InVivoMAb anti-mouse MHC Class I (H-2Kk)

CloneCatalog #Category
AF3-12.1.3 BE0152InVivoMAb Antibodies
$150 - $3920 Login for Academic & Non-profit Pricing

About InVivoMAb anti-mouse MHC Class I (H-2Kk)

The AF3-12.1.3 monoclonal antibody reacts with the mouse H-2Kk MHC class I alloantigen. MHC class I antigens are heterodimers consisting of one alpha chain (44 kDa) associated with β2 microglobulin (11.5 kDa). The antigen is expressed by all nucleated cells at varying levels. MHC Class I molecules present endogenously synthesized antigenic peptides to CD8 T cells.

InVivoMAb anti-mouse MHC Class I (H-2Kk) Specifications

Isotype Mouse IgG1
Immunogen A/J mouse spleen cells
Reported Applications

in vivo administration

  • PBS, pH 7.0
  • Contains no stabilizers or preservatives
  • <2EU/mg (<0.002EU/μg)
  • Determined by LAL gel clotting assay
  • >95%
  • Determined by SDS-PAGE
Sterility 0.2 μM filtered
Production Purified from tissue culture supernatant in an animal free facility
Purification Protein G
RRID AB_10949012
Molecular Weight 150 kDa
Storage The antibody solution should be stored at the stock concentration at 4°C. Do not freeze.

Application References

InVivoMAb anti-mouse MHC Class I (H-2Kk) (Clone: AF3-12.1.3)

Takenaka, M., et al. (2012). “Complement activation is not required for obliterative airway disease induced by antibodies to major histocompatibility complex class I: Implications for chronic lung rejection.” J Heart Lung Transplant 31(11): 1214-1222. PubMed

BACKGROUND: The role of non-complement activating antibodies (ncAbs) to mismatched donor human leukocyte antigen (HLA) in the pathogenesis of chronic lung rejection is not known. We used a murine model of obliterative airway disease (OAD) induced by Abs to major histocompatibility major histocompatibility complex (MHC) class I and serum from donor-specific Abs developed in human lung transplant (LTx) recipients to test the role of ncAbs in the development of OAD and bronchiolitis obliterans syndrome (BOS). METHODS: Anti-MHC ncAbs were administered intrabronchially in B.10 mice or in C3 knockout (C3KO) mice. Lungs were analyzed by histopathology. Lymphocytes secreting interleukin (IL)-17, interferon-gamma, or IL-10 to collagen V and K-alpha1 tubulin (Kalpha1T) were enumerated by enzyme-linked immunospot assay. Serum antibodies to collagen V and Kalpha1T were determined by enzyme-linked immunosorbent assay. Cytokine and growth factor expression in lungs was determined by real-time polymerase chain reaction. Donor-specific Abs from patients with BOS and control BOS-negative LTx recipients were analyzed by C1q assay. RESULTS: Administration of ncAbs in B.10 mice or C3KO resulted in OAD lesions. There were significant increases in IL-17- and interferon-gamma-secreting cells to collagen V and Kalpha1T, along with serum Abs to these antigens. There was also augmented expression of monocyte chemotactic protein-1, IL-6, IL-1beta, vascular endothelial growth factor, transforming growth factor-beta, and fibroblastic growth factor in mice administered ncAbs by Day 3. Among 5 LTx recipients with BOS, only 1 had C1q binding donor-specific Abs. CONCLUSION: Complement activation by Abs to MHC class I is not required for development of OAD and human BOS. Therefore, anti-MHC binding to epithelial and endothelial cells can directly activate pro-fibrotic and pro-inflammatory cascades leading to immune response to self-antigens and chronic rejection.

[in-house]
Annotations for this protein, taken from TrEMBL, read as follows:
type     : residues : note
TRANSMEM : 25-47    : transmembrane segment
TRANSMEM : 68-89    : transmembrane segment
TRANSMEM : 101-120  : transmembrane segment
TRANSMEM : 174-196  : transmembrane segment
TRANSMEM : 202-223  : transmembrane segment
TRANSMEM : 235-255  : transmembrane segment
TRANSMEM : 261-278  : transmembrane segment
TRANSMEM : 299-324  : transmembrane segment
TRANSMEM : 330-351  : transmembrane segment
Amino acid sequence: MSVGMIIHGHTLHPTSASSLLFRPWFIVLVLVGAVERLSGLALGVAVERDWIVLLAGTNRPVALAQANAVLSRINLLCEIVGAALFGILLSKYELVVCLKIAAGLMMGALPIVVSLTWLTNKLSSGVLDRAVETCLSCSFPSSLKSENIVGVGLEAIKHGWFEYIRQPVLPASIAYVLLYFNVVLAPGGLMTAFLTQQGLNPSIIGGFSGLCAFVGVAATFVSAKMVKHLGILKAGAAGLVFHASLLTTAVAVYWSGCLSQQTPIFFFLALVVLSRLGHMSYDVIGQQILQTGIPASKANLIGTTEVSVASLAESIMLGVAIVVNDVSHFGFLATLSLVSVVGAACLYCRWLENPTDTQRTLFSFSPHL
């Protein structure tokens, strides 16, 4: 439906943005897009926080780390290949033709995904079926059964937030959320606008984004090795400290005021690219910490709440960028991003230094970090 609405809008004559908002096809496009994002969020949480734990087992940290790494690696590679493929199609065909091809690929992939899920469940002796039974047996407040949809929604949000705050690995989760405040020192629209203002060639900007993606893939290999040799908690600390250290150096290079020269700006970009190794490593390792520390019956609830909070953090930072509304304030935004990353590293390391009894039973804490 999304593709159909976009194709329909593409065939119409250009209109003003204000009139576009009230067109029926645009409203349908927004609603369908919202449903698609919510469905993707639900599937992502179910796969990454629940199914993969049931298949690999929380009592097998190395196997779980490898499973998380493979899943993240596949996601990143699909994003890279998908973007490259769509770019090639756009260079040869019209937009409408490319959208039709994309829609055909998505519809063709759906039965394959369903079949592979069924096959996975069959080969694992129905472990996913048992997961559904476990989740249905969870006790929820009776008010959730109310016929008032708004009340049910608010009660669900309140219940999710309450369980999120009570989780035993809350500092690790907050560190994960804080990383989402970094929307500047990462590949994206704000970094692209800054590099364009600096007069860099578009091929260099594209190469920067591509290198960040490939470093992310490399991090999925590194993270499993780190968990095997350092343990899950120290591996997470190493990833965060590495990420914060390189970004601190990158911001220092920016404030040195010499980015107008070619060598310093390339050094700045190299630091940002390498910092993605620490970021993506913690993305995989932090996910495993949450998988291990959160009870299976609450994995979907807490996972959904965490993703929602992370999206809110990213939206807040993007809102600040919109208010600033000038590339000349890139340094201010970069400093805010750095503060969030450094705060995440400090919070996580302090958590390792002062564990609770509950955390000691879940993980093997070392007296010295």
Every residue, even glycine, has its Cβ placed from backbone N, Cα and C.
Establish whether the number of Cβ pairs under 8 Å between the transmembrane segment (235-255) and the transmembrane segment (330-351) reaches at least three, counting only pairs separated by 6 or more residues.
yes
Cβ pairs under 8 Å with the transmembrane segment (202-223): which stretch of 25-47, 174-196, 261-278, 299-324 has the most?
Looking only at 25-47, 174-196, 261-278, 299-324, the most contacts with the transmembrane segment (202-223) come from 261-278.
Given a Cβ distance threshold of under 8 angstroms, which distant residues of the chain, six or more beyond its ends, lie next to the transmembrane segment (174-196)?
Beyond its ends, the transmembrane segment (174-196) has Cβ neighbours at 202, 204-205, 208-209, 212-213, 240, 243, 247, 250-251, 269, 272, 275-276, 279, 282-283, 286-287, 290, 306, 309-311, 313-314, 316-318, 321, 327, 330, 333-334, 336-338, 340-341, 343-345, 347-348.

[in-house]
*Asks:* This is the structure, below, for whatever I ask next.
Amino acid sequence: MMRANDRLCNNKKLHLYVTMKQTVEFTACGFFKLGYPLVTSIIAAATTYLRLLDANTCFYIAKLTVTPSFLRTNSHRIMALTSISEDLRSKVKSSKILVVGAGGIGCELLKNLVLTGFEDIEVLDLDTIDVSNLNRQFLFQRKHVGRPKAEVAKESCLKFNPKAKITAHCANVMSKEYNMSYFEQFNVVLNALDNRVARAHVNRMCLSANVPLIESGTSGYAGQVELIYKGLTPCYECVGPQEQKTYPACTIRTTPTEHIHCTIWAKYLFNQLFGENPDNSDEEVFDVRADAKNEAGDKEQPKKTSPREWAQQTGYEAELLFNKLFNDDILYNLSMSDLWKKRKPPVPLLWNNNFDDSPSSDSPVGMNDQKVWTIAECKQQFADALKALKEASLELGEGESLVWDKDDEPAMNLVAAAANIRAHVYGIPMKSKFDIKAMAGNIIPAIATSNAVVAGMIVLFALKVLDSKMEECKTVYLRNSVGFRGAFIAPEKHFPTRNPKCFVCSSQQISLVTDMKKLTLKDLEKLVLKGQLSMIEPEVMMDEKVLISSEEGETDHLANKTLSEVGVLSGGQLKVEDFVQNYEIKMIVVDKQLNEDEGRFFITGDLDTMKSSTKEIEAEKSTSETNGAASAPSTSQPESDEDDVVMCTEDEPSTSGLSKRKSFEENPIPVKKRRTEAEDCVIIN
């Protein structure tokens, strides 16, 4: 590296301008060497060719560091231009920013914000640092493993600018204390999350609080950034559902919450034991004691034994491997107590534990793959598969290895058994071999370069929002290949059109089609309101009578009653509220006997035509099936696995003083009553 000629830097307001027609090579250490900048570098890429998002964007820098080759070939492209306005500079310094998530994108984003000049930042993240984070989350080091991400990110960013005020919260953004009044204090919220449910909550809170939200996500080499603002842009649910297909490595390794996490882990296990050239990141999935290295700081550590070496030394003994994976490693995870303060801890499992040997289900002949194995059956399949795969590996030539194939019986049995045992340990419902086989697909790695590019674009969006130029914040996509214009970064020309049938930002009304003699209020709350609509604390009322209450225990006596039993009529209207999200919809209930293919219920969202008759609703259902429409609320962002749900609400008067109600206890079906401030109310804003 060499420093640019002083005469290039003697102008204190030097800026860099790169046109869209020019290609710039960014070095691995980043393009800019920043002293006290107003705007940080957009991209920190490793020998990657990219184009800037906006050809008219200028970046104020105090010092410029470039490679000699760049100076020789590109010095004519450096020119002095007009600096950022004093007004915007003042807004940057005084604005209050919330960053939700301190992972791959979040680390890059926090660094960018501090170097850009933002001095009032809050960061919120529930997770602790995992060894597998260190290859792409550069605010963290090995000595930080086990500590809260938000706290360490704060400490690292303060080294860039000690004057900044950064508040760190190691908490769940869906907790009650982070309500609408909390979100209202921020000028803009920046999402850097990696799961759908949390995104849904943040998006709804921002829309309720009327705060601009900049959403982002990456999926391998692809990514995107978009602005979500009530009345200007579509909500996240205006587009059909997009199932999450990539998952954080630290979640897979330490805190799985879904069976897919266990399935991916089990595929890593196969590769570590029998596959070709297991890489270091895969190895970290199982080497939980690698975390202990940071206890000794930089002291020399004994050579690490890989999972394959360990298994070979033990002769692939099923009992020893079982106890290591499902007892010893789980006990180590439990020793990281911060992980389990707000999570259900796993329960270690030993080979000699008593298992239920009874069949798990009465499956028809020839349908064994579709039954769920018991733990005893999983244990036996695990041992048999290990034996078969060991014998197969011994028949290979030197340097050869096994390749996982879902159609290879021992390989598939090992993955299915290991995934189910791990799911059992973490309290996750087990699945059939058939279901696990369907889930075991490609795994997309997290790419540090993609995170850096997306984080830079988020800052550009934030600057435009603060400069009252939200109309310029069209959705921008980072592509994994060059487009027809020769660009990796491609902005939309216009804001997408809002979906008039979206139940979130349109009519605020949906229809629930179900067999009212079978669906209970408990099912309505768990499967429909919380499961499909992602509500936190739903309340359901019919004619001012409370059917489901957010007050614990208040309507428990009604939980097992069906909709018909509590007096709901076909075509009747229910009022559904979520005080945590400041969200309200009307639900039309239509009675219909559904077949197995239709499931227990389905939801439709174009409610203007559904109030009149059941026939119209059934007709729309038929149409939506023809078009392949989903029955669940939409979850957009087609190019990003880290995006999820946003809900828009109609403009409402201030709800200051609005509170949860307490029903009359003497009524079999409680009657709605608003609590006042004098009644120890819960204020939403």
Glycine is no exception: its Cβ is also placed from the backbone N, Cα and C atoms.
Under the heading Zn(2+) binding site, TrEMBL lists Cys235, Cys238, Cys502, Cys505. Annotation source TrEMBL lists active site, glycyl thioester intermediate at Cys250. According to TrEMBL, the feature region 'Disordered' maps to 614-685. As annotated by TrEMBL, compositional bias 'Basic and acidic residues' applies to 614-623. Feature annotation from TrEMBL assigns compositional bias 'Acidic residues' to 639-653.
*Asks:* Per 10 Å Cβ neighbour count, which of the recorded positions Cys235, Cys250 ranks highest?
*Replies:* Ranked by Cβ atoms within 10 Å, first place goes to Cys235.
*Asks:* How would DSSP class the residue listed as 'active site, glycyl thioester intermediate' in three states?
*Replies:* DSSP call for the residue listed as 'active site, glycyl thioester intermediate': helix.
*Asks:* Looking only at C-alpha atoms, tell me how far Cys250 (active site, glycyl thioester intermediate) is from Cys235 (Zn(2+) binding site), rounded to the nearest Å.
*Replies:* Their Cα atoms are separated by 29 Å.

Hirohashi, T., et al. (2010). “Complement independent antibody-mediated endarteritis and transplant arteriopathy in mice.” Am J Transplant 10(3): 510-517. PubMed

Complement fixation, as evidenced by C4d in the microvasculature, is a widely accepted criterion of antibody-mediated rejection. Complement fixation has been shown to be essential in acute antibody-mediated rejection, but its role in chronic rejection has not been addressed. Previous studies showed that passive transfer of complement fixing monoclonal IgG2a anti-H-2Kk into B6.RAG1-/- KO recipients of B10.BR hearts led to progressive chronic transplant arteriopathy (CTA) over 14-28 days, accompanied by C4d deposition. The present studies were designed to test whether complement was required for these lesions. We report that a noncomplement fixing donor-specific alloantibody (DSA, monoclonal IgG1 anti-H-2Kk) injected into B6.RAG1-/- KO recipients of B10.BR hearts also promotes CTA, without C4d deposition. Furthermore, a passive transfer of DSA (monoclonal IgG2a anti-H-2Kk) initiated endarteritis followed by CTA in B6.RAG1-/- mice genetically deficient in the third component of complement (RAG1-/-C3-/-). These studies indicate that antibody to class I MHC antigens can trigger chronic arterial lesions in vivo without complement participation, in contrast to acute antibody-mediated rejection. This pathway may be relevant to C4d-negative chronic rejection sometimes observed in patients with DSA, and argues that lack of C4d deposition does not exclude antibody-mediated chronic rejection.